U.S. ad slump hurts Sinclair

cash flow off 17%

April 27, 2001|By Dan Thanh Dang | Dan Thanh Dang,SUN STAFF

Hurt by a slump in national advertising spending, Sinclair Broadcast Group Inc. said yesterday that the key indicator of its financial performance fell by 17.6 percent in the first quarter of this year, but still exceeded expectations.

In the three months that ended March 31, broadcast cash flow for the Baltimore-based chain of independent television stations was $54 million, compared with $65.6 million in the first quarter of 2000.

Sinclair also said a slowing economy contributed to its net loss of $39.2 million, or 46 cents per share, compared with $4.4 million, or 5 cents per share, in the year-ago quarter.

"It's much better than my estimates and what Wall Street was expecting, given the difficult economic environment," said analyst Peter D. Lerner with Arnhold & S. Bleichroeder Inc. in New York. "Advertising has also been weak, and that trend is continuing into the second quarter. But Sinclair has held the line on costs, they've been trying to restructure, and they've gained local market share.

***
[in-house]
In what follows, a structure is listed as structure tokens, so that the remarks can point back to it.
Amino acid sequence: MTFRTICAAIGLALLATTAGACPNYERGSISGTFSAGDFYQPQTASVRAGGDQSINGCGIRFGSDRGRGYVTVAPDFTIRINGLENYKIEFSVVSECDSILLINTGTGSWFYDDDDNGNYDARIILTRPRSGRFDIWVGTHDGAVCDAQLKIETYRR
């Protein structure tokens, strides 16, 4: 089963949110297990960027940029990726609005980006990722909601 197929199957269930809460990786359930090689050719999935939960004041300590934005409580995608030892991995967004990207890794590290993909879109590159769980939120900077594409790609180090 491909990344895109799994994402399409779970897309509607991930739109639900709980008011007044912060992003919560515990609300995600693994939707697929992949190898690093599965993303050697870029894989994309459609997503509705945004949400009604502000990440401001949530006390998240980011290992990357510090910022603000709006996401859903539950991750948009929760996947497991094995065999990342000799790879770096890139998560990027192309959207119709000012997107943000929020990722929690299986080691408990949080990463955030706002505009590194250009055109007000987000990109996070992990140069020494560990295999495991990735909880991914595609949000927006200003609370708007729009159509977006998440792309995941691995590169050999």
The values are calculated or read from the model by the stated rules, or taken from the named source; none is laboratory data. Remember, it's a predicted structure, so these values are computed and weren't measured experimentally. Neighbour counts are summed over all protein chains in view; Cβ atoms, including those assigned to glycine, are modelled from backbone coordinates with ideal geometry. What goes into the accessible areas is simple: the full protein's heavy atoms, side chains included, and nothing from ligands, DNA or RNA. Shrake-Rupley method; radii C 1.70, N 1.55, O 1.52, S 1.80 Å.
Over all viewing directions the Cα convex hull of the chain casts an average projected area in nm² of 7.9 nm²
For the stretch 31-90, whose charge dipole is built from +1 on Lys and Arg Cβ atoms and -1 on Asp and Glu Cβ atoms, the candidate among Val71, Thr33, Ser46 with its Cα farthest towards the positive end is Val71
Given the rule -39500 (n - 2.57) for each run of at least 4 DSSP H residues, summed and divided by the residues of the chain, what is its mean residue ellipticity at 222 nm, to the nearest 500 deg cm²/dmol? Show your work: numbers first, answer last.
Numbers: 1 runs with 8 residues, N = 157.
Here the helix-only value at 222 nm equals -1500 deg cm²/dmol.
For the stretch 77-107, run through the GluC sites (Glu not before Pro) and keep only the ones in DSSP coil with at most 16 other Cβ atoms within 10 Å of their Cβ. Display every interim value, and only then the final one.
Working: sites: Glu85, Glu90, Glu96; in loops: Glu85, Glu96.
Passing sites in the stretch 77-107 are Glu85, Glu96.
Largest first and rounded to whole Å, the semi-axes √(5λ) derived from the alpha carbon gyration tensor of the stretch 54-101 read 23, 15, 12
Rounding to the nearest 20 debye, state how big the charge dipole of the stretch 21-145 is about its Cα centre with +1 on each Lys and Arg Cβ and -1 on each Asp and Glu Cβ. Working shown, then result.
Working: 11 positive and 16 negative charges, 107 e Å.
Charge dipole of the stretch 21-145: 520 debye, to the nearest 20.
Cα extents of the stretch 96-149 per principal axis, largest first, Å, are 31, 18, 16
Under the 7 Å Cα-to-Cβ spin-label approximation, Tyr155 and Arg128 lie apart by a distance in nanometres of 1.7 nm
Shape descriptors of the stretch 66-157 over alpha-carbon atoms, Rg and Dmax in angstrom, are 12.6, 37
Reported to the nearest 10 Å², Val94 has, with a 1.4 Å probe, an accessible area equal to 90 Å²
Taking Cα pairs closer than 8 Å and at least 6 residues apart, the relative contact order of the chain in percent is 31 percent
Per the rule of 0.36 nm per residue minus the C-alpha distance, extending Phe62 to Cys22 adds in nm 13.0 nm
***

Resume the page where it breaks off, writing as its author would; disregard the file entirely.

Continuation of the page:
"They need to continue doing what they're doing. They're moving in the right direction."

Sinclair reported $165.6 million in total revenue for the first quarter, a 6.5 percent reduction from the year earlier. Net broadcast revenue, another important measure, fell by 6.9 percent to $149.7 million from $160.8 million in the first quarter of 2000.

Sinclair incurred a $2.4 million restructuring charge in the first quarter of 2001, which relates to a reduction in its work force of 186 people. Company officials said earnings were hurt because last year's presidential election sent political advertising revenue soaring to $2.8 million for the first quarter of 2000 compared with just $200,000 in the most recent quarter.

Also, local advertising revenue decreased just 2.6 percent while national advertising revenue was down 17.4 percent compared with the first quarter of 2000. The decline in national was due primarily to a slowdown in advertising from the automotive, pharmaceutical/cosmetic and fast food sectors.

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